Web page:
The rationale for a team declaring their innings closed prior to being bowled out may be confusing for cricketing neophytes, but it is often a sound tactic. Remember that to win a game, the losing side must be given the opportunity to complete two innings. If they do not do so the game ends in a draw, no matter how many runs they may be behind (an example of this is Sri Lanka's 952 run innings against India. Despite this being the highest total runs in a test match innings, the game was drawn). Therefore, a team with a large lead will declare to give themselves more time to bowl at the opposition and take all their wickets.
Test cricket's competition structure has evolved somewhat idiosyncratically due to the long match duration, the fact that a proportion of test matches end in draws, cricket's status as one of the earliest professional spectator sports, and the wide geographical distribution of the teams. These factors mean that a 'world cup' similar to the event in one-day cricket or the football world cup is not feasible for Test cricket.
Test cricket is almost always played as a series of matches between two countries, with all matches in the series taking place in the same country (the host). The number of matches in a series varies from one to six. Often there is a perpetual trophy traded between a pair of teams when series between them are won or lost. The Ashes series between England and Australia is the most famous of these. There have been two exceptions to the bilateral nature of Test cricket: the 1912 Triangular Tournament, a three-way competition between England, Australia and South Africa (hosted by England), and the Asian Test Championship, an event held in 1998/99 and 2001/02.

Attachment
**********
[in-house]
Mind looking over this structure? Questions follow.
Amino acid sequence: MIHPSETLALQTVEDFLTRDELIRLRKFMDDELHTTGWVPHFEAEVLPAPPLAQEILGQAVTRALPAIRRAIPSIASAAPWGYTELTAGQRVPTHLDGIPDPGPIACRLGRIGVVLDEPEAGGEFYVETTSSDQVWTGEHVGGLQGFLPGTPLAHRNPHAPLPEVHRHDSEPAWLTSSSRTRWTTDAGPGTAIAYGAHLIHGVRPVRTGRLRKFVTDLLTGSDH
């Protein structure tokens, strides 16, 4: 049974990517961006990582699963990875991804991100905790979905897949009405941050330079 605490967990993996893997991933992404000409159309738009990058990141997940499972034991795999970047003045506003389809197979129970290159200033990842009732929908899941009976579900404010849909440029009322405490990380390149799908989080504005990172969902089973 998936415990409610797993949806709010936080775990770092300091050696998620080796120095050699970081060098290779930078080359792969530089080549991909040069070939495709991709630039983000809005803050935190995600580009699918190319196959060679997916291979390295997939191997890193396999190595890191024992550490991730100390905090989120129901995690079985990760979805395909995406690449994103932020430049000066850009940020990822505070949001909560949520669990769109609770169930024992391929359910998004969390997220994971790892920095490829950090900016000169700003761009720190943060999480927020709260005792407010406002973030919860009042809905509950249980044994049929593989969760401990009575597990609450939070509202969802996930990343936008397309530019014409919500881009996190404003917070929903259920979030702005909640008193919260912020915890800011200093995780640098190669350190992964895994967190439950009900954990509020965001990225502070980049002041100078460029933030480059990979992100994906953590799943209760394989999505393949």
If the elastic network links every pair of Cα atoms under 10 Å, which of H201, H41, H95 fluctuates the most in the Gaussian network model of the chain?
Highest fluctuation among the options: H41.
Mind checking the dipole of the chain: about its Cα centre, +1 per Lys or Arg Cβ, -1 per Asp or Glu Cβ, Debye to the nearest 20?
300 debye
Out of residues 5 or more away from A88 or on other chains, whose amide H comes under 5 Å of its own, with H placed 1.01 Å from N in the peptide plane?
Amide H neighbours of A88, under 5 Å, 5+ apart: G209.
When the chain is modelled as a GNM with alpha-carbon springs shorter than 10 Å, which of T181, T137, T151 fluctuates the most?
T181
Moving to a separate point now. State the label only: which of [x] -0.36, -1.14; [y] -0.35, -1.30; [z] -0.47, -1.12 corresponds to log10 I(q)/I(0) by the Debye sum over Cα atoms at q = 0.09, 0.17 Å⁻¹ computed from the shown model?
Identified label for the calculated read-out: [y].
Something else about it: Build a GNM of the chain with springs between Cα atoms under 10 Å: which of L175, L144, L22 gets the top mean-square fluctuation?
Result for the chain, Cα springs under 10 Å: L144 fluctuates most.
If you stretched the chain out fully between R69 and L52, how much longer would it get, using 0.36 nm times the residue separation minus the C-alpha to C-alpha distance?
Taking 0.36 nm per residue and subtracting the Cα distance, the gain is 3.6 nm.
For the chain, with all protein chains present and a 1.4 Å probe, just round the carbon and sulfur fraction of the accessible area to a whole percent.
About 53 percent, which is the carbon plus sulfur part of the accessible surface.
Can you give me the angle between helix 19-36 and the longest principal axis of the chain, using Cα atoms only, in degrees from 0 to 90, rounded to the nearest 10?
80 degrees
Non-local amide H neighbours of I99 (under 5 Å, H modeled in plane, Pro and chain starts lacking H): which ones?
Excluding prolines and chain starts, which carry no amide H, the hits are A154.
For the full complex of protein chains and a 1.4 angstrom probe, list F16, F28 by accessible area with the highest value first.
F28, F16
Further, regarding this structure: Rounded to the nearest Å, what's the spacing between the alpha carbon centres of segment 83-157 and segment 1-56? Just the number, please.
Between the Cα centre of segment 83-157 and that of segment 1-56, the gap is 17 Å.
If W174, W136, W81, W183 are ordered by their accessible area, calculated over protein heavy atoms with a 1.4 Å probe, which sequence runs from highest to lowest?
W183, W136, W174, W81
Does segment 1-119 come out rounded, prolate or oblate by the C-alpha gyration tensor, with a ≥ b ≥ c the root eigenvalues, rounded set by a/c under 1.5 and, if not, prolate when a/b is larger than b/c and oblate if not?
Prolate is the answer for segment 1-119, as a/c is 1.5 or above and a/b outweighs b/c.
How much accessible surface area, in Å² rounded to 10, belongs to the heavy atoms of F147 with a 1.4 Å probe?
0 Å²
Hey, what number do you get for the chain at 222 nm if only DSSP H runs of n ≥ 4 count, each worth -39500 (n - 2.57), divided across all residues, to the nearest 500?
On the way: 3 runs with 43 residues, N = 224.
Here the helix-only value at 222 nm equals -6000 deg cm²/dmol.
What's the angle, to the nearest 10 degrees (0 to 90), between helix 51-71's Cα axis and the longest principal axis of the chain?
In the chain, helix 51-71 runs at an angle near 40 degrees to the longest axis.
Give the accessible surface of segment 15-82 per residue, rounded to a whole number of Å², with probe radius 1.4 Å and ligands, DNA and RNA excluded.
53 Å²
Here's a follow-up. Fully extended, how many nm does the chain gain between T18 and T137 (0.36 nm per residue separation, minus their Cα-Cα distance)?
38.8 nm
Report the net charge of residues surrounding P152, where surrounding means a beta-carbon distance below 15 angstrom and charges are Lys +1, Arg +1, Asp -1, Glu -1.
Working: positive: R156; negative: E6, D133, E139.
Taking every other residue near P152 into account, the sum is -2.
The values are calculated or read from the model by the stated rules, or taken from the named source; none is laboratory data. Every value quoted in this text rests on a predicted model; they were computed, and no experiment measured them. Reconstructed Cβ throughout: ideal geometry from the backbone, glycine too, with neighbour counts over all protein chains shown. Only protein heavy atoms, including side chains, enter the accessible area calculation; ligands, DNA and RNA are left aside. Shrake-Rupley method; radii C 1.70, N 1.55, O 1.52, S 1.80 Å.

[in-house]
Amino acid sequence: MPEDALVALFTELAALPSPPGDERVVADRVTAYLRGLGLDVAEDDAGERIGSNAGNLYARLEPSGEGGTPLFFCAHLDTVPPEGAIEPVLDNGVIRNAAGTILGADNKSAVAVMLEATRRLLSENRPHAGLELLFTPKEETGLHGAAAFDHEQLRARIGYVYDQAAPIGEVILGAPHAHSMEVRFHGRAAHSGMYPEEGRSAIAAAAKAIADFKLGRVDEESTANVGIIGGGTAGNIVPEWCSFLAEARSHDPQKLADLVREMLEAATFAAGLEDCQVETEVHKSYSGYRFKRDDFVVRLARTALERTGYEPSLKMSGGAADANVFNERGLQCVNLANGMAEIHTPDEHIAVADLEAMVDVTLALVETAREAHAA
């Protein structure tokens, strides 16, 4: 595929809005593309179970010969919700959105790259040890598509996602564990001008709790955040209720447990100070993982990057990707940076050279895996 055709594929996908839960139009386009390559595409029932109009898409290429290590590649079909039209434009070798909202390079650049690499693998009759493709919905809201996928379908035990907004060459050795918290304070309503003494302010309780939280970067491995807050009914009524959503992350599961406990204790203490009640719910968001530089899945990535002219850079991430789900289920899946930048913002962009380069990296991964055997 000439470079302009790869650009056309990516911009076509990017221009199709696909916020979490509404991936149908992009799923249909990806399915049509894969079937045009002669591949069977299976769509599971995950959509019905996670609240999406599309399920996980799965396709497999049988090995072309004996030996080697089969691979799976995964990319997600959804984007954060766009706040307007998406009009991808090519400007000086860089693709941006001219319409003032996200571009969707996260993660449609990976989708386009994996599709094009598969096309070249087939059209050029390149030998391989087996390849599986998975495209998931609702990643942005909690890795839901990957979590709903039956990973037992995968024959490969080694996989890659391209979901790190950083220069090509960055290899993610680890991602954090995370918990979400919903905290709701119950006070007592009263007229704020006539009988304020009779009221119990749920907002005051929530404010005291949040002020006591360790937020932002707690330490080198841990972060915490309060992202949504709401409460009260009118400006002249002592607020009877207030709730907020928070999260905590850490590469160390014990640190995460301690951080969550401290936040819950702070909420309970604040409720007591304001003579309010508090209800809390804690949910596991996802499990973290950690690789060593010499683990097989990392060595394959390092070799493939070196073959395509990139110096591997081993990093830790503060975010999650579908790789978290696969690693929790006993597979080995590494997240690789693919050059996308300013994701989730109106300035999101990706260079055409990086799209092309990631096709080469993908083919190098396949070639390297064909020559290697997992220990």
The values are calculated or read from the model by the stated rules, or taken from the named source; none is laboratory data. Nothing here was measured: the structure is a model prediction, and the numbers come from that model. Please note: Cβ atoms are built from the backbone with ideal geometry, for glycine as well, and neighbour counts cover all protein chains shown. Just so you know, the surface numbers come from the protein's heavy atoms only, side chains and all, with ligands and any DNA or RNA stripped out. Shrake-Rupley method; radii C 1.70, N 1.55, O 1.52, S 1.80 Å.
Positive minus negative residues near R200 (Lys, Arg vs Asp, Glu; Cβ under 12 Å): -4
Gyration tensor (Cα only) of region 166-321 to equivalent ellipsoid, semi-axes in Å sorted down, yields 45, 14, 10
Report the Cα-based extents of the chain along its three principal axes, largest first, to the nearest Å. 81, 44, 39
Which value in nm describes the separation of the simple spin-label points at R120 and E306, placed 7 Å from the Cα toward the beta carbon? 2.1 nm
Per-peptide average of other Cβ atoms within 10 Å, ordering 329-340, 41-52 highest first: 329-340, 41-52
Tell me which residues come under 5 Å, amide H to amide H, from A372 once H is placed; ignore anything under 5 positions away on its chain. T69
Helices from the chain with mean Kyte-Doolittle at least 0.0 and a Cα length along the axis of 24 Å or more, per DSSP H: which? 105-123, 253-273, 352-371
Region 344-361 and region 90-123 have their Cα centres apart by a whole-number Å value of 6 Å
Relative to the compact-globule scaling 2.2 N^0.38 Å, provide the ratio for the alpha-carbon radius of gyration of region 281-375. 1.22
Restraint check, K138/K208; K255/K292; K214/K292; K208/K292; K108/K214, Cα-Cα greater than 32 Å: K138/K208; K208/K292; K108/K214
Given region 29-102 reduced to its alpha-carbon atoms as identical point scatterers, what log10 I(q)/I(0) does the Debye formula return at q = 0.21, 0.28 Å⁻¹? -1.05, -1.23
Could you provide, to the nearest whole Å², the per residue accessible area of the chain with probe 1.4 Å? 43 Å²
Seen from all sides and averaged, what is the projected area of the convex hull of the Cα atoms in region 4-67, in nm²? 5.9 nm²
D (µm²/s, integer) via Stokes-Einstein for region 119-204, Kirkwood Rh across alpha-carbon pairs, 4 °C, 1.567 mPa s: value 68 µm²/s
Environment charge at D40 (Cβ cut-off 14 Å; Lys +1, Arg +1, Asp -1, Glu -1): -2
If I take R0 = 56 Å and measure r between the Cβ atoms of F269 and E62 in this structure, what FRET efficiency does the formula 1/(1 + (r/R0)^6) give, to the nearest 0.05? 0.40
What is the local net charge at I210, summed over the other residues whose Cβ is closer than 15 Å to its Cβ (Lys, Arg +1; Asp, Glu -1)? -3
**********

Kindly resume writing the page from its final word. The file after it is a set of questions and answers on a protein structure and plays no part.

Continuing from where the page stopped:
Until recently, Test series between international teams were organised between the two national cricket organisations with umpires provided by the home team. However, with the entry of more countries into Test cricket competition, and a wish by the ICC to maintain public interest in Tests (which was flagging in many countries with the introduction of one-day cricket), a new system was added to Test match competition. A rotation system that sees all ten Test teams playing each other over a six-year cycle, and an official ranking system (with a trophy held by the highest-ranked team) were introduced. It was hoped by the ICC that the new ranking system would help maintain interest in Test cricket in nations where one-day cricket is more popular. The simplicity of the ranking system has proven successful, although the rotation system is currently being challenged by India (who wish to play more frequently against the more financially attractive opposition such as England and Australia).
In the new system, umpires are provided by the ICC. An "elite panel" of eleven umpires has been established, and the panel is supplemented by an additional "International Panel" that includes three umpires named by each Test-playing country. The elite umpires officiate almost all Test matches; the International Panel is only employed when the cricketing calendar is filled with activity, or for one-day internationals (ODIs).